“Mojo Hannah” – Tami Lynn (NO soul/jazz chanteuse sings - recorded at Criteria)
”Everything I Do Gonna Be Funky’ – Claudia Lennear (musical direction by Toussaint, who, of course, also wrote it – from her Phew LP, recorded in LA, CA)
“Chug Chug Chug-A-Lug (Push N’ Shove), Part II” – The Meters (their only group cut in the box – but Sundazed has released virtually everything they recorded)
“(Everybody Wanna Get Rich) Rite Away” – Dr. John (fonk with the Meters from Desitively Bonnaroo)
“Get Out My Life Woman” – Grassella Oliphant (instrumental rendering of Lee Dorsey’s Toussaint-penned hit by a group unknown to me)

Of course, they easily could have doubled the size of this list and had a full CD’s worth of Crescent City funk; but it’s a fair sampling of some great stuff that, mixed in with the other rarely heard tracks in the collection, should be very tempting to many.

Those of you who are seriously deep and relatively well-financed groove collectors may have already encountered much of this Atlantic group funk re-issue material on the
Funk Drops CD series from a few years back that appeared in this country as imports and covered releases from a similar period. While I never got around to picking those up, it appears on cursory glance at the track listings I found that there are definitely numerous duplications between the two sets. So, if you got Funk Drops, that will complicate your decision about purchasing What It Is, to say the least.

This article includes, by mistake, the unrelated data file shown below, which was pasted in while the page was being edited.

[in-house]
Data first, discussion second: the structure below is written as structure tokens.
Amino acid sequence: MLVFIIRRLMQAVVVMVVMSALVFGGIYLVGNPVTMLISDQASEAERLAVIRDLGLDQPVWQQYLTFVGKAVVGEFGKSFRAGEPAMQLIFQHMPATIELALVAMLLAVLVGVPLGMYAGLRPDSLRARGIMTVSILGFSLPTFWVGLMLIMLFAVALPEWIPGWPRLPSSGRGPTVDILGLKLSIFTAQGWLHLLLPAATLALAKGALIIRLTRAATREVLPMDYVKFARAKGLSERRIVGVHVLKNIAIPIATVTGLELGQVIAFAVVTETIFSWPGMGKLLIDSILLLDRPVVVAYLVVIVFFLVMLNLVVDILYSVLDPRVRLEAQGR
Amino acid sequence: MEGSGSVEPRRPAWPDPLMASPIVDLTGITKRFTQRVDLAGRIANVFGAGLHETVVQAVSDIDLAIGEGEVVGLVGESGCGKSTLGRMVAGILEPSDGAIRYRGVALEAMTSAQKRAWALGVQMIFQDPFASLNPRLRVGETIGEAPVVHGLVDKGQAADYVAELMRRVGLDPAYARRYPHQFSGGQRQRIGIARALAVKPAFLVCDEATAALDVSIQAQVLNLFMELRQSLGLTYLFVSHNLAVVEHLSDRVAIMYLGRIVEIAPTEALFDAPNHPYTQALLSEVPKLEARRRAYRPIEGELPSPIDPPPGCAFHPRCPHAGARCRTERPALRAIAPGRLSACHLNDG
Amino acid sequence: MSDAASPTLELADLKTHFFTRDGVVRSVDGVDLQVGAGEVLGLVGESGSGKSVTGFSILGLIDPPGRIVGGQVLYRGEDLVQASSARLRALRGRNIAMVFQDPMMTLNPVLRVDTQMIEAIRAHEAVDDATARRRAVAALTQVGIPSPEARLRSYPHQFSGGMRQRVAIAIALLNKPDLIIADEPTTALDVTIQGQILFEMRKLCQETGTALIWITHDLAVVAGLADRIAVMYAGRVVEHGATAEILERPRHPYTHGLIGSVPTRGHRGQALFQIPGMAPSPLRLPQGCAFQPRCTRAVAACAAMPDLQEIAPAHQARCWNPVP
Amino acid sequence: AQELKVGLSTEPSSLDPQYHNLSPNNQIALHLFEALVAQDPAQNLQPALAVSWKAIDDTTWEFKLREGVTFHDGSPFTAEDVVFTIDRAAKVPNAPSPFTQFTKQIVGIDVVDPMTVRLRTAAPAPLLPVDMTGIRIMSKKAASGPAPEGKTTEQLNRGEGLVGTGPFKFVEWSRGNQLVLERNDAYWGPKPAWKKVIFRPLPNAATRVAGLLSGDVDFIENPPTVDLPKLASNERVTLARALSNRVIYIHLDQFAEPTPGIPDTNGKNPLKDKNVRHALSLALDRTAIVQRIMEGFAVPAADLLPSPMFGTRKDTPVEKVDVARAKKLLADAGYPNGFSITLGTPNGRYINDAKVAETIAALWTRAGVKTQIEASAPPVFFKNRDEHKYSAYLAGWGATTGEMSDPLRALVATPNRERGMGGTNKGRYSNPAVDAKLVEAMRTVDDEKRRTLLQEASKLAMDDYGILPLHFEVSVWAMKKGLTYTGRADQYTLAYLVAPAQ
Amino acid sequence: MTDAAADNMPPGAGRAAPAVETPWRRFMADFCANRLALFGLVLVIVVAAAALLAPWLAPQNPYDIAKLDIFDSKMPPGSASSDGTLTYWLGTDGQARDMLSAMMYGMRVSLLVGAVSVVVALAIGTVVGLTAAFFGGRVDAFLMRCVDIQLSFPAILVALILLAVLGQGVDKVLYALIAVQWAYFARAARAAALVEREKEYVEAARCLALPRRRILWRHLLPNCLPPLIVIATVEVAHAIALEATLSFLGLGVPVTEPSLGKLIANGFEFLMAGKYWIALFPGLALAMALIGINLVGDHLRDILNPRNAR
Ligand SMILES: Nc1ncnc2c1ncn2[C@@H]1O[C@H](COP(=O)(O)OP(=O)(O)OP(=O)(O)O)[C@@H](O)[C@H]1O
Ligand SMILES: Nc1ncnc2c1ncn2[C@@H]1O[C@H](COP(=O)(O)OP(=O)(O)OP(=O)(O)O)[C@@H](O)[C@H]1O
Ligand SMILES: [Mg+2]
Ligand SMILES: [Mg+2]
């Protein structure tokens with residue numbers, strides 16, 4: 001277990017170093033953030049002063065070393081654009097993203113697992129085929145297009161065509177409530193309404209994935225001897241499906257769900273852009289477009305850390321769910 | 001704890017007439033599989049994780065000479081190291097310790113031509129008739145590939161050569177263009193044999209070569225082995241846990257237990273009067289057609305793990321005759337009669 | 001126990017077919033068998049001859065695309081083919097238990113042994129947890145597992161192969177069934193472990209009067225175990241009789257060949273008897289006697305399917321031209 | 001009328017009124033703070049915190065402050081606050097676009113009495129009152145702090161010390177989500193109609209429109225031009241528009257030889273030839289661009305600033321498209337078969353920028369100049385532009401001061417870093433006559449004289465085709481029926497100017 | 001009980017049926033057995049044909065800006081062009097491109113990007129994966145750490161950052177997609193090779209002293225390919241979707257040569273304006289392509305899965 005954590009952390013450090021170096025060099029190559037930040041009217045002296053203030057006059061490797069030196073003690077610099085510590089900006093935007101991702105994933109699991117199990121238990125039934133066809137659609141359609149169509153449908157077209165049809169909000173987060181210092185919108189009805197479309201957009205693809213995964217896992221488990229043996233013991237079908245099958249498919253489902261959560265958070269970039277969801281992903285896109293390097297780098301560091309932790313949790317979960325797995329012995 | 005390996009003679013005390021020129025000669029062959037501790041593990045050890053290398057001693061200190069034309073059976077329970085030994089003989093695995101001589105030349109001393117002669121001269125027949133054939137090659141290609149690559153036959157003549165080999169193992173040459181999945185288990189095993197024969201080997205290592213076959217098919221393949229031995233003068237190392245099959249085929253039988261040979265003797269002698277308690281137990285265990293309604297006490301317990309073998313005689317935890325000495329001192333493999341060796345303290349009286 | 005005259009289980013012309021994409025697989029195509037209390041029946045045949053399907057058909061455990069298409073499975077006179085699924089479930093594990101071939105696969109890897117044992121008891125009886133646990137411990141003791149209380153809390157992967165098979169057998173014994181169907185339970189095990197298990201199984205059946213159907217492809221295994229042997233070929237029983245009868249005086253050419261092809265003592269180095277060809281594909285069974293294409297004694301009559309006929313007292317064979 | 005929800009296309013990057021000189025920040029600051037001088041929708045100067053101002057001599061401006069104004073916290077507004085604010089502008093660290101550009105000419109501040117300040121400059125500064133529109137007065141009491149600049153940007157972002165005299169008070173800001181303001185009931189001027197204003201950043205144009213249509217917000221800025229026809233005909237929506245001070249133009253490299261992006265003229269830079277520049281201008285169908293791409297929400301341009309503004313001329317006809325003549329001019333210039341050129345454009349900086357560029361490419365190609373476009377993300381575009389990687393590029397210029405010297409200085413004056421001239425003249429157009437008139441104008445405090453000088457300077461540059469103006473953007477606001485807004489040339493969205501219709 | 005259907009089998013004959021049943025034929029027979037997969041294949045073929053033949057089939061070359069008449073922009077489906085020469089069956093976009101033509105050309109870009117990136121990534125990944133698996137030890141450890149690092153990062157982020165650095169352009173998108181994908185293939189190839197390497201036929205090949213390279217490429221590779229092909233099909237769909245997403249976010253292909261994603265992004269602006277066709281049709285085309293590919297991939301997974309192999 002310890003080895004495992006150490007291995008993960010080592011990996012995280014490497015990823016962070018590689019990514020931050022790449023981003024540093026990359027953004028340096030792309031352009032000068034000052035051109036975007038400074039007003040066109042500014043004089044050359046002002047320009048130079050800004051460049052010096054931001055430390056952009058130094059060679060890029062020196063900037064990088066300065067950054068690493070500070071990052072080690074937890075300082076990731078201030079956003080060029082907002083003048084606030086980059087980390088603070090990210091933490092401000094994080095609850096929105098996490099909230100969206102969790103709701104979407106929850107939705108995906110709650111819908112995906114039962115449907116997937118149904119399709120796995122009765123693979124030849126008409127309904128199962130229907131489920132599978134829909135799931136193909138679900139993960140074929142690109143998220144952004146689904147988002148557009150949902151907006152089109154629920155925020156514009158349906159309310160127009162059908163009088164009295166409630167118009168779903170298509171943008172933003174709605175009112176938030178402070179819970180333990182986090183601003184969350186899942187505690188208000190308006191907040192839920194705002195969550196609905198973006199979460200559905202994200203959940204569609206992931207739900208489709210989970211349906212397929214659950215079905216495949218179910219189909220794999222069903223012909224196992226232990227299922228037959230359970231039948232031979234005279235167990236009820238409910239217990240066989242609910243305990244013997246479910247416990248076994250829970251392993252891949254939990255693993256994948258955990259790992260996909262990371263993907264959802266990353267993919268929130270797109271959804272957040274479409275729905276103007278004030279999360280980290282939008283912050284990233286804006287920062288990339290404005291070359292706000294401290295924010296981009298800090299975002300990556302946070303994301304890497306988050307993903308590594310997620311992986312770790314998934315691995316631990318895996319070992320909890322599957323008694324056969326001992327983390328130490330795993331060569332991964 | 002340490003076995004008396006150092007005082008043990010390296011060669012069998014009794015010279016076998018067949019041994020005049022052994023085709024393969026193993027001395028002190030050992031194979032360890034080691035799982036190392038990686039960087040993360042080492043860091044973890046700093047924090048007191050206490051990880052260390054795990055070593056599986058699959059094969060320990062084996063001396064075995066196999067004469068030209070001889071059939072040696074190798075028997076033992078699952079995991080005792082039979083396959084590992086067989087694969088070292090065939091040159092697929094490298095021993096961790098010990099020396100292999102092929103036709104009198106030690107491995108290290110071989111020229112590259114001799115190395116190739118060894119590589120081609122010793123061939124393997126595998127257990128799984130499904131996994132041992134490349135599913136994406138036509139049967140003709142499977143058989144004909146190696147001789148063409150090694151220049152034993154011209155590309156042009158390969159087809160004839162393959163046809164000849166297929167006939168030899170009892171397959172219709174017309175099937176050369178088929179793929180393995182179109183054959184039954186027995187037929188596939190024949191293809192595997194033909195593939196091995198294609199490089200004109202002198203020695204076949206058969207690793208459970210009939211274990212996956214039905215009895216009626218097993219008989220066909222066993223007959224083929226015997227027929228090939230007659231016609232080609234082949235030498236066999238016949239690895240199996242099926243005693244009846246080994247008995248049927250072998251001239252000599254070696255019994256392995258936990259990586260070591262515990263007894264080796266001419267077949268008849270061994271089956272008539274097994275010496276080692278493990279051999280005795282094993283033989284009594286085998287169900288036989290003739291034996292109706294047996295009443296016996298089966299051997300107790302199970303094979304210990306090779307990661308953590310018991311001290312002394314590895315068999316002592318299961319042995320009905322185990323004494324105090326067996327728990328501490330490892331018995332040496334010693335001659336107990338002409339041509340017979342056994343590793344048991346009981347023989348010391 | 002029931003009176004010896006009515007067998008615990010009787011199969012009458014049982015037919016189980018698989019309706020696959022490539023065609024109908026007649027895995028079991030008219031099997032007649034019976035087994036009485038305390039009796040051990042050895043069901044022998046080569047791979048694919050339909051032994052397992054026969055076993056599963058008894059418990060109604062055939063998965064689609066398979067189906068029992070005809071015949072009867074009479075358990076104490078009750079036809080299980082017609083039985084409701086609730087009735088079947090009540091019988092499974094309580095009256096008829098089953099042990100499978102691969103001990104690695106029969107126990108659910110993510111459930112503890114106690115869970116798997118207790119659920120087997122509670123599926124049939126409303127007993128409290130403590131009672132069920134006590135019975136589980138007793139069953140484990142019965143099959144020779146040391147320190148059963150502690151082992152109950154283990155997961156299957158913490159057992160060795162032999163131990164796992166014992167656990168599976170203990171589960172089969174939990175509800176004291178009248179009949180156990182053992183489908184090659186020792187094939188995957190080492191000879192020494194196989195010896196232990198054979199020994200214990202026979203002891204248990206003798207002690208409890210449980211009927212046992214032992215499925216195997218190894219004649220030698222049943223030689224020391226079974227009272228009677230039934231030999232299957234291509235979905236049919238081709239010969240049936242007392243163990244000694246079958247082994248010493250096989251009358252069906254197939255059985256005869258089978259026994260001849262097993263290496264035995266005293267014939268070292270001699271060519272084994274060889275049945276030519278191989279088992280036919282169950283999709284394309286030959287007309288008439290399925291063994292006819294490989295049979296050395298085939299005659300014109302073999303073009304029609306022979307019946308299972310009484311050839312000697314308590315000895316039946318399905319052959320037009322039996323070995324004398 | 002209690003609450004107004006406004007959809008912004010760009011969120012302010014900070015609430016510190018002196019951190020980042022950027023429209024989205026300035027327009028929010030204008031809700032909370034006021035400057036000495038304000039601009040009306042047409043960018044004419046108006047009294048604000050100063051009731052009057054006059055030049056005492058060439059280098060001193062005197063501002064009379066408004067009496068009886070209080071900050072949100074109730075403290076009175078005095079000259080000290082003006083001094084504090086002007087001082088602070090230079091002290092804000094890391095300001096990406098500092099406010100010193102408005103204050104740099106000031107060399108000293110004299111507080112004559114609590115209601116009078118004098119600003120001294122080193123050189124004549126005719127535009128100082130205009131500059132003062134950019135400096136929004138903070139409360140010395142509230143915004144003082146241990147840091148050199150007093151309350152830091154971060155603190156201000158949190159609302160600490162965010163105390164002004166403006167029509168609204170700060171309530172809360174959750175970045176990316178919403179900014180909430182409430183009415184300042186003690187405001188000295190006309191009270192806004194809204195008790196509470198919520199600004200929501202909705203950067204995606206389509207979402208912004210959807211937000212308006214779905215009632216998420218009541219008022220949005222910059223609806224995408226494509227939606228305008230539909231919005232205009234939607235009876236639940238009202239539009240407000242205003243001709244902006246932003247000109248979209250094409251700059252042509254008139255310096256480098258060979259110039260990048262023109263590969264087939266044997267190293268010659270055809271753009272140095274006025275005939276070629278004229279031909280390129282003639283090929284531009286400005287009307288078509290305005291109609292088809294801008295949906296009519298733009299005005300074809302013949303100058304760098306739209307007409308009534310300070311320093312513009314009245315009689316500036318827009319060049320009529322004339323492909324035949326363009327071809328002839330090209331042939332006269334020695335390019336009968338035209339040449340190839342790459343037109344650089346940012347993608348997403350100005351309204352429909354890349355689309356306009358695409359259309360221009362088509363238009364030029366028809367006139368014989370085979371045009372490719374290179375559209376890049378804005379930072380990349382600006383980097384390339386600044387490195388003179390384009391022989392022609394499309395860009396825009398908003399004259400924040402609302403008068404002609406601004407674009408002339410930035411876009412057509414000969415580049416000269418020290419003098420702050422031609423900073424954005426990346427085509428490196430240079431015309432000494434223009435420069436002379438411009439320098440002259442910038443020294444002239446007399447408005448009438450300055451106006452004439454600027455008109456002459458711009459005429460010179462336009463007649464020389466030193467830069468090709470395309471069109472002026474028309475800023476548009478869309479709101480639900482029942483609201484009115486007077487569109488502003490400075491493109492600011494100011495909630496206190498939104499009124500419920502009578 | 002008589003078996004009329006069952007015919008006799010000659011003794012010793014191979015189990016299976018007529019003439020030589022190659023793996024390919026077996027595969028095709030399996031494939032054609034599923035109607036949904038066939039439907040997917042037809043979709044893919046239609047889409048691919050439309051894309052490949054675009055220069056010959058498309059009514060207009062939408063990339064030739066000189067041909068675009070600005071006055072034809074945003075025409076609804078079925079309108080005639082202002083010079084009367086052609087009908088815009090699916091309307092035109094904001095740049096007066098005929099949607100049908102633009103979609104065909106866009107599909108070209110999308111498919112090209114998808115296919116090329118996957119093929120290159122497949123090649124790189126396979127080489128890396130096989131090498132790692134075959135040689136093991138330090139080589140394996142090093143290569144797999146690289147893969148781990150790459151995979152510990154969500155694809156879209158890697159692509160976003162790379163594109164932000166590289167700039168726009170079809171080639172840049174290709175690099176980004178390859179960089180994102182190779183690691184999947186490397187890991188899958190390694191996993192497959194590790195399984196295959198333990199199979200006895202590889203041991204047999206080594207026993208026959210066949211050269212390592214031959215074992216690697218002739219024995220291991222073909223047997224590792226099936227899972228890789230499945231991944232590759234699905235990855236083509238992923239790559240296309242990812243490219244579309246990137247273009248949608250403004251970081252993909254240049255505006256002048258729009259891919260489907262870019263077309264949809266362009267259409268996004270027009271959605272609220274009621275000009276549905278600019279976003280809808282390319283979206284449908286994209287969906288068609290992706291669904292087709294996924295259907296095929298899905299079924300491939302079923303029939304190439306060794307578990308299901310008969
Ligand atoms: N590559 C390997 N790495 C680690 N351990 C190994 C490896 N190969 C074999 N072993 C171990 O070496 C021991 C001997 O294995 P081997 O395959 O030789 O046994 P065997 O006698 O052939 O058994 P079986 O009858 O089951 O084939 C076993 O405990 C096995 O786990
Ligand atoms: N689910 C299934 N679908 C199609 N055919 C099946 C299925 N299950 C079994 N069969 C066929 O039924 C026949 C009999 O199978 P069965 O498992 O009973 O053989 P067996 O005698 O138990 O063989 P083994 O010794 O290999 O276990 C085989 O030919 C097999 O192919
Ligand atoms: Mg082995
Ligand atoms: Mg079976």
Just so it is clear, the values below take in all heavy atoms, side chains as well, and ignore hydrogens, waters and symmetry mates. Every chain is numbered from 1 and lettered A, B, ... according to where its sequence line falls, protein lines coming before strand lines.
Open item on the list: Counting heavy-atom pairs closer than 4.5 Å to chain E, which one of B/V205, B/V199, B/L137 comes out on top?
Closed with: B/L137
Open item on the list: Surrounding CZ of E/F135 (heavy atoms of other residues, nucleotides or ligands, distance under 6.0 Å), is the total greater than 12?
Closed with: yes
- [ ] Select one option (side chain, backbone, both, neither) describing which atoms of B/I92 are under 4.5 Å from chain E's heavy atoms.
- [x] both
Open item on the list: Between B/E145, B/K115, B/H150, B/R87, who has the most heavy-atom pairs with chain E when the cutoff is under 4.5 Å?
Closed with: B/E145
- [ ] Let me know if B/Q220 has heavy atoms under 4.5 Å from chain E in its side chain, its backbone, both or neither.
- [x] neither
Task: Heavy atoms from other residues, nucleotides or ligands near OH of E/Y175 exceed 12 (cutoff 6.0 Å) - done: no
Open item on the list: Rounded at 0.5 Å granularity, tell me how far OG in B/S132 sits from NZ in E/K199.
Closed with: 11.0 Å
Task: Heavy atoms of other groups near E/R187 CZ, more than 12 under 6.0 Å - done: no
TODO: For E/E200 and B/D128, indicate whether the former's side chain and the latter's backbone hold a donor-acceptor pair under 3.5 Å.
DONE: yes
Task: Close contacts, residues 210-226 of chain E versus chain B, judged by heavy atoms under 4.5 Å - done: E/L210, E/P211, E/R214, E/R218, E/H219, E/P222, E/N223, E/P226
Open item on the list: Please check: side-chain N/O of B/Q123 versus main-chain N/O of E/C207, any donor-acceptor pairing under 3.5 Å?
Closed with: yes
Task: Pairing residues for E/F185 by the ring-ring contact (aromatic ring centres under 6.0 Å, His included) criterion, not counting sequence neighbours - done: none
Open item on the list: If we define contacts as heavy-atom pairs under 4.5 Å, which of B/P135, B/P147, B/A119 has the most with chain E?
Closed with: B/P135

While What It Is has one CD more of material than Funk Drops, I’d be interested to know which is actually the better total compilation, as not just size matters. Thorough, informative, artful documentation is often hard to come by on re-issue projects, especially domestic ones. Since I did not get access to any of the packaging material and accompanying CD notes for the box set, I have no way to judge how well it’s put together or how much information on the music is provided. This is definitely a pitfall for the hapless, low-budget blog reviewer and reader. I guess I’ll have to wait until I buy it to see if Rhino, which has done some excellent re-issues, especially the Handmade series, has come through again. Maybe then we’ll revisit this. Still, I am pleased to see such a large, diverse sampling of funk re-issued here in the states. If, like me, your ears are always ready for undiscovered grooves, the five hours of material on What It Is should provide lots of surprises and plenty of funky bangin' for the bucks.